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On the fourth day we raised our sails to the roar of the northern wind. Larthmor came to the coast, and his bards raised the song. The joy of the king was great ; he looked to Rothma's gloomy heath; he saw the tomb of his son: and the memory of Uthal rose. “ Who of my heroes," he said, “ lies there? He seems to have been the king of spears. Was he renowned in my halls, before the pride of Uthal rose? Ye are silent, sons of Berrathon! Is the king of heroes low? My heart melts for thee, O Uthal! though thy hand was against thy father ! O that I had remained in the cave! that my son had dwelt in Finthormo! I might have heard the tread of his feet, when he went to the chase of the boar. I might have heard his voice on the blast of my cave. Then would my soul be glad: but now darkness dwells in my halls."
Such were my deeds, son of Alpin, 'when the arm of my youth was strong ; such were the actions of Toscar, the car-borne son of Conloch. But Toscar is on his flying cloud; and I am alone at Lutha : my voice is like the last sound of the wind, when it forsakes the woods. But Ossian shall not be long alone, he sees the mist that shall receive his ghost. He beholds the mist that shall form his robe, when he appears on his hills. The sons of little men shall behold me, and admire the stature of the chiefs of old. They shall creep to their caves, and look to the sky with fear: for my steps shall be in the clouds, and darkness shall roll on my side.
Lead, son of Alpin, lead the aged to his woods. The winds begin to rise. The dark wave of the lake resounds. Bends there not a tree from Mora with its branches bare? It bends, son of Alpin, in the rustling blast. My harp hangs on a blasted branch. The sound of its strings is mournful. Does the wind touch thee, O harp, or is it some passing ghost ! It is the hand of Malvina! but bring me the harp, son of Alpin ; another song shall arise. My soul shall depart in the sound; my fathers shall hear it in their airy hall. Their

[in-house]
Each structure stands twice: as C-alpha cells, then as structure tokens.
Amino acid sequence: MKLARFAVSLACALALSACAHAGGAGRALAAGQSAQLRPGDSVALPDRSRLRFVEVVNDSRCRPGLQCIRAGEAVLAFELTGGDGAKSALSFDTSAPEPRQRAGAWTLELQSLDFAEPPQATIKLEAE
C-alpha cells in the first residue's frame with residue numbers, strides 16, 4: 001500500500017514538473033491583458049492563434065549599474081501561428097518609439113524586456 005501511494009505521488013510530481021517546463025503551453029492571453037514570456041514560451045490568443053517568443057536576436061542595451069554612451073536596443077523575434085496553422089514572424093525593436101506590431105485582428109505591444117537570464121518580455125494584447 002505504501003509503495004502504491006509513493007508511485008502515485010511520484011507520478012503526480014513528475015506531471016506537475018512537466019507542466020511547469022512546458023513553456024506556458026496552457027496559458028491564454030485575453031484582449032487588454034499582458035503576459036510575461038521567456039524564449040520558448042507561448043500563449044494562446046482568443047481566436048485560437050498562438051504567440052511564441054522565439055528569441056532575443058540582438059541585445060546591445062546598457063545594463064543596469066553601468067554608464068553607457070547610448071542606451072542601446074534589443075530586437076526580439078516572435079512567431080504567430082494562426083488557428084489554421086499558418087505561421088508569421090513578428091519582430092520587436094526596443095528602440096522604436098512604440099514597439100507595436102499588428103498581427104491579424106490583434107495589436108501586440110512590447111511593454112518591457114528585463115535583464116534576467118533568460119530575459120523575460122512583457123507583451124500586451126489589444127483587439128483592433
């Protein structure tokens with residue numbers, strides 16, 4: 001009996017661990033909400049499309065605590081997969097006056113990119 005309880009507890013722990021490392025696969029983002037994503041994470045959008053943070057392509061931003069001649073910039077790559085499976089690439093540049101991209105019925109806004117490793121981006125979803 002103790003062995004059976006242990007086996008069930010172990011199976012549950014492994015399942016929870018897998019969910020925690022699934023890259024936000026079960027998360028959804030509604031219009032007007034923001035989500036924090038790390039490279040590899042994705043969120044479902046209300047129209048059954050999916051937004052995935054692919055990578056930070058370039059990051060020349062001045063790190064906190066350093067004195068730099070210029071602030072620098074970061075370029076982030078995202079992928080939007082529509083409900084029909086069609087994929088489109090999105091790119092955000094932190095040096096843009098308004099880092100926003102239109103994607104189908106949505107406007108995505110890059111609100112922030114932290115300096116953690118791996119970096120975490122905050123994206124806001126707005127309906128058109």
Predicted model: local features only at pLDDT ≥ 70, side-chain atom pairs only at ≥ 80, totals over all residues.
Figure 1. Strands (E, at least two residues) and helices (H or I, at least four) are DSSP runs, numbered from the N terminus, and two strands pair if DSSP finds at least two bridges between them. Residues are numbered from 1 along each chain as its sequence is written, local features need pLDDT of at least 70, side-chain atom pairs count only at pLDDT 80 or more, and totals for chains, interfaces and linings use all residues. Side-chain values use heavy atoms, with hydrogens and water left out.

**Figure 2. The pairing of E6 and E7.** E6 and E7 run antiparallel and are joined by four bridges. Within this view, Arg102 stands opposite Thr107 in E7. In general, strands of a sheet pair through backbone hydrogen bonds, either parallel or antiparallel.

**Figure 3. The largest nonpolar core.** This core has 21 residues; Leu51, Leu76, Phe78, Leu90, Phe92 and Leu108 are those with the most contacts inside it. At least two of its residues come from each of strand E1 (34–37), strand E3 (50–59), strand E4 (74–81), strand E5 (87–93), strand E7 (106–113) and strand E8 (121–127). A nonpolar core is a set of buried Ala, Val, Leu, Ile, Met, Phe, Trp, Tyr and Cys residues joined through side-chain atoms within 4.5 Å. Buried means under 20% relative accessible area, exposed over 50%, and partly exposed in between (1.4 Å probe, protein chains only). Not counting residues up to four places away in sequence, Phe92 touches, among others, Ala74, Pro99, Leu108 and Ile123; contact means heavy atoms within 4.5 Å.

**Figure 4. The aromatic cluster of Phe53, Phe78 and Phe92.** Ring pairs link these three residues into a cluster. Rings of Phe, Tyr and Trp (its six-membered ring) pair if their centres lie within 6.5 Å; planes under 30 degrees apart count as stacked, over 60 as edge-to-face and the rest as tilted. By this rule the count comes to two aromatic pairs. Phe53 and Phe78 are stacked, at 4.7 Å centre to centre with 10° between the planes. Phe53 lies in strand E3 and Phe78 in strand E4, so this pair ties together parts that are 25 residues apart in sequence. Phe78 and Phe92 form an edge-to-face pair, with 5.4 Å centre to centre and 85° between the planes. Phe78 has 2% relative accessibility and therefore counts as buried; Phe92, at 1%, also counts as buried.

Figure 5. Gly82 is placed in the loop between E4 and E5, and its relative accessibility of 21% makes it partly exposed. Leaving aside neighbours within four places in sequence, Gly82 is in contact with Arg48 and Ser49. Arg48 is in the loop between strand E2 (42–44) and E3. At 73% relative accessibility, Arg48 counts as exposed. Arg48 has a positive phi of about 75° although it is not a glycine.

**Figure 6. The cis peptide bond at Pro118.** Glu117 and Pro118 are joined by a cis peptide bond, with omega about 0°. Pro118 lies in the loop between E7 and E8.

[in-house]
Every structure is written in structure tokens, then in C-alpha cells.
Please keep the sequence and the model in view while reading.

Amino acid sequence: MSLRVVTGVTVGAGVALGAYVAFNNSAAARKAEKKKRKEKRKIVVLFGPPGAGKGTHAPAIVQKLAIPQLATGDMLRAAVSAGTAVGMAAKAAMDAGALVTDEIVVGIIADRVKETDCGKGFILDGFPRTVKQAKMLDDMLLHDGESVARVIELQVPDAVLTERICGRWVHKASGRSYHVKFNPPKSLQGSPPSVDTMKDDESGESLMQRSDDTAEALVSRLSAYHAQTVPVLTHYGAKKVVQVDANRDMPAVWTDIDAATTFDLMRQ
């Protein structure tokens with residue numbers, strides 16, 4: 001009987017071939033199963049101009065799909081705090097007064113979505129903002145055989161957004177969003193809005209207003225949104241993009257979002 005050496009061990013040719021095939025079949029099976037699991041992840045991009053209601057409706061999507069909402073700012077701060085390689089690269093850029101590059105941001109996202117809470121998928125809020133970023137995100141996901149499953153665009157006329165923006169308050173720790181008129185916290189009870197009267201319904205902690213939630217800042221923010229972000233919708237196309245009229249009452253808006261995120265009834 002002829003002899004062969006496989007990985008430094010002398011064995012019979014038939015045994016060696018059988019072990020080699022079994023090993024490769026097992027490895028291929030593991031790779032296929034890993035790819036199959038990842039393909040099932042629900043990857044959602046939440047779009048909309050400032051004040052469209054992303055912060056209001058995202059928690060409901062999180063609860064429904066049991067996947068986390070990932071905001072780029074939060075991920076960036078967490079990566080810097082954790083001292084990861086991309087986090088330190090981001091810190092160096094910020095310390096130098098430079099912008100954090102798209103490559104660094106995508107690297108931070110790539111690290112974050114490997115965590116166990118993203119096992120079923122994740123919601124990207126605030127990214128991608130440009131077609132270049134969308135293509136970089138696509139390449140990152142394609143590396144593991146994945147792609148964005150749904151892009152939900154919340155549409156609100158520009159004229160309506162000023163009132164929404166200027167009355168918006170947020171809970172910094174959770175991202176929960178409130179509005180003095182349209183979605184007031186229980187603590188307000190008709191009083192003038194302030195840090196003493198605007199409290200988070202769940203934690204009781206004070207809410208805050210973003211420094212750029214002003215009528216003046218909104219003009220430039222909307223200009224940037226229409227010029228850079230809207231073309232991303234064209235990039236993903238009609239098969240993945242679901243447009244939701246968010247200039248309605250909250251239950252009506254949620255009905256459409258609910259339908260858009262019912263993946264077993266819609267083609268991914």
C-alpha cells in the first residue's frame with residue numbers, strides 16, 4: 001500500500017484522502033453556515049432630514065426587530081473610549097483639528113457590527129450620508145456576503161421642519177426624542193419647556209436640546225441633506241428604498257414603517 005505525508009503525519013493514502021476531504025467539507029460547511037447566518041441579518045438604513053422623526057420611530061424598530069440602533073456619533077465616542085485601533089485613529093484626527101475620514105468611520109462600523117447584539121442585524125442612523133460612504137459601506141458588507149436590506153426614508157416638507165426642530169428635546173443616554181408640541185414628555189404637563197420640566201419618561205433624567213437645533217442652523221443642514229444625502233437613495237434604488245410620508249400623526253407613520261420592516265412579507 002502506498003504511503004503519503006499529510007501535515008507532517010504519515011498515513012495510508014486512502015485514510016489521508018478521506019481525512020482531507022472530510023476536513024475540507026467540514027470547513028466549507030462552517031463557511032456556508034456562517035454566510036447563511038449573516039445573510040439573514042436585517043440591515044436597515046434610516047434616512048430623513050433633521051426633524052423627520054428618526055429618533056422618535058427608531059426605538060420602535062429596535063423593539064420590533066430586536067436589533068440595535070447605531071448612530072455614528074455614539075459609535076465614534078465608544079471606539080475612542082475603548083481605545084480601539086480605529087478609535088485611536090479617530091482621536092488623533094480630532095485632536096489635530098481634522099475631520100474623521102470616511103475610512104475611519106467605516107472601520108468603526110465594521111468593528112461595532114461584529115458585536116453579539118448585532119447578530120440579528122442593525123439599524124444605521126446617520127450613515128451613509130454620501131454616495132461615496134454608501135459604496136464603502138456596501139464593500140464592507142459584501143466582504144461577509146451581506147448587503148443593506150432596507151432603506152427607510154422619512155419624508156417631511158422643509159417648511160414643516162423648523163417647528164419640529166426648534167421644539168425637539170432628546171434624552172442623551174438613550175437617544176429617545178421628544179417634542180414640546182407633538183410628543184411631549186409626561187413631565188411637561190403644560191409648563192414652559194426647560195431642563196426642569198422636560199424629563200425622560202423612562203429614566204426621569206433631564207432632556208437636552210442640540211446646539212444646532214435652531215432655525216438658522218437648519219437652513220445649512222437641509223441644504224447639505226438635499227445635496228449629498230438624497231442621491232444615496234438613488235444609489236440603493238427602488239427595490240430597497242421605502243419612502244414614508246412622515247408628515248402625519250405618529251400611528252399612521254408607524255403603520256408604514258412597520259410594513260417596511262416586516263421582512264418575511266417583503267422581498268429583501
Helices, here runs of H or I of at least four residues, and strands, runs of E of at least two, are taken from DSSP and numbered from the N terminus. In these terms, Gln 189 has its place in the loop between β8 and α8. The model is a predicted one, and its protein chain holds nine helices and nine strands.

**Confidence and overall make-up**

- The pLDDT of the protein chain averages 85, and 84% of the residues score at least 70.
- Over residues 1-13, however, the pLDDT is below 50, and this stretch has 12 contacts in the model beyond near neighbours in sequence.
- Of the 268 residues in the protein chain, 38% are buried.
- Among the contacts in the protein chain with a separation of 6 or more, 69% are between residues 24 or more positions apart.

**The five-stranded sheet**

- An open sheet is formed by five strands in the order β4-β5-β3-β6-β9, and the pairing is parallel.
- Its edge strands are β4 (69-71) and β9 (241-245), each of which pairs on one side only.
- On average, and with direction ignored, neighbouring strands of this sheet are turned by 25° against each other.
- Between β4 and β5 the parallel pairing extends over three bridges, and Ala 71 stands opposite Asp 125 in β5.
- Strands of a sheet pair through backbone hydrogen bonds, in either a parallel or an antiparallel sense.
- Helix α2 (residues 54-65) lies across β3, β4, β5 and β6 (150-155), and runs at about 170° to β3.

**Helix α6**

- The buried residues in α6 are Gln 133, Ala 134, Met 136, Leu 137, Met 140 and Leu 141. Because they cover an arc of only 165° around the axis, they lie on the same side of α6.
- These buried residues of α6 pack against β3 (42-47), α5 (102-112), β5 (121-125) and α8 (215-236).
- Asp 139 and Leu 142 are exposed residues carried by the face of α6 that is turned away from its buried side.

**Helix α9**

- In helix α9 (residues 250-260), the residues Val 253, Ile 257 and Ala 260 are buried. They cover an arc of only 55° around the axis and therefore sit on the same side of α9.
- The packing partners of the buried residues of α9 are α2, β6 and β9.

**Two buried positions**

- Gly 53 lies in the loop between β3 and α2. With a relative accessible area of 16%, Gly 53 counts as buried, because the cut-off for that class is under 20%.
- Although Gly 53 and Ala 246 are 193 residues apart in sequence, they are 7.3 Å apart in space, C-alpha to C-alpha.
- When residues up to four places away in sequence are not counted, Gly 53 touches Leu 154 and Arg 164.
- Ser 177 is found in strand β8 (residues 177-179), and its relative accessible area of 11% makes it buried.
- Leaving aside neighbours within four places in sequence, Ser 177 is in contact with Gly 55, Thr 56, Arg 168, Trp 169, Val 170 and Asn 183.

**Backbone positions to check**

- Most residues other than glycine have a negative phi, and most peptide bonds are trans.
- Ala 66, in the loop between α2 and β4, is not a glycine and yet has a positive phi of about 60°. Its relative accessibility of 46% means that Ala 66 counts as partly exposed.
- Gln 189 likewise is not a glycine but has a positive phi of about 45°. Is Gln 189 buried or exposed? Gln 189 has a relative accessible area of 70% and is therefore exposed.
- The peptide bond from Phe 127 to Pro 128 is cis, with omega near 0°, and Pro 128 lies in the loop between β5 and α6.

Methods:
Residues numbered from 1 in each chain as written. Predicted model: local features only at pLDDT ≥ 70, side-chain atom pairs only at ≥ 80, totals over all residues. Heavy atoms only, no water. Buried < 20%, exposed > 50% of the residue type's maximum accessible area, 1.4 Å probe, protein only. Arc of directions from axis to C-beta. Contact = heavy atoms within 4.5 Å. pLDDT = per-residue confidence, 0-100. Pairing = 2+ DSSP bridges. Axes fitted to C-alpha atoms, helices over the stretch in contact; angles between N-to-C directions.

dim faces shall hang with joy from their clouds; and their hands receive their son. The aged oak bends over the stream. It sighs with all its moss. The wi. thered fern whistles near, and mixes, as it waves, with Ossian's hair.
Strike the harp and raise the song : be near with all your wings, ye winds. Bear the mournful sound away to Fingal's airy hall. Bear it to Fingal's hall, that he may hear the voice of his son ; the voice of him that praised the mighty.
The blast of the north opens thy gates, o king, and I behold thee sitting on mist, dimly gleaming in all thine arms. Thy form now is not the terror of the valiant : but like a watery cloud; when we see the stars behind it with their weeping eyes. Thy shield is like the 2ged moon: thy sword a vapour half kindled with fire : Dim and feeble is the chief who travelled in brightness before. But thy steps' are on the winds of the desart, and the storms darken in thy hand. Thou takest the sun in thy wrath, and hidest him in thy clouds. The sons of little men are afraid ; and a thousand showers descend. But when thou comest forth in thy mildness; the gale of the morning is near thy course. The sun laughs in his blue fields; and the grey stream winds in its valley. The bushes shake their green heads in the wind. The roes bound towards the desart,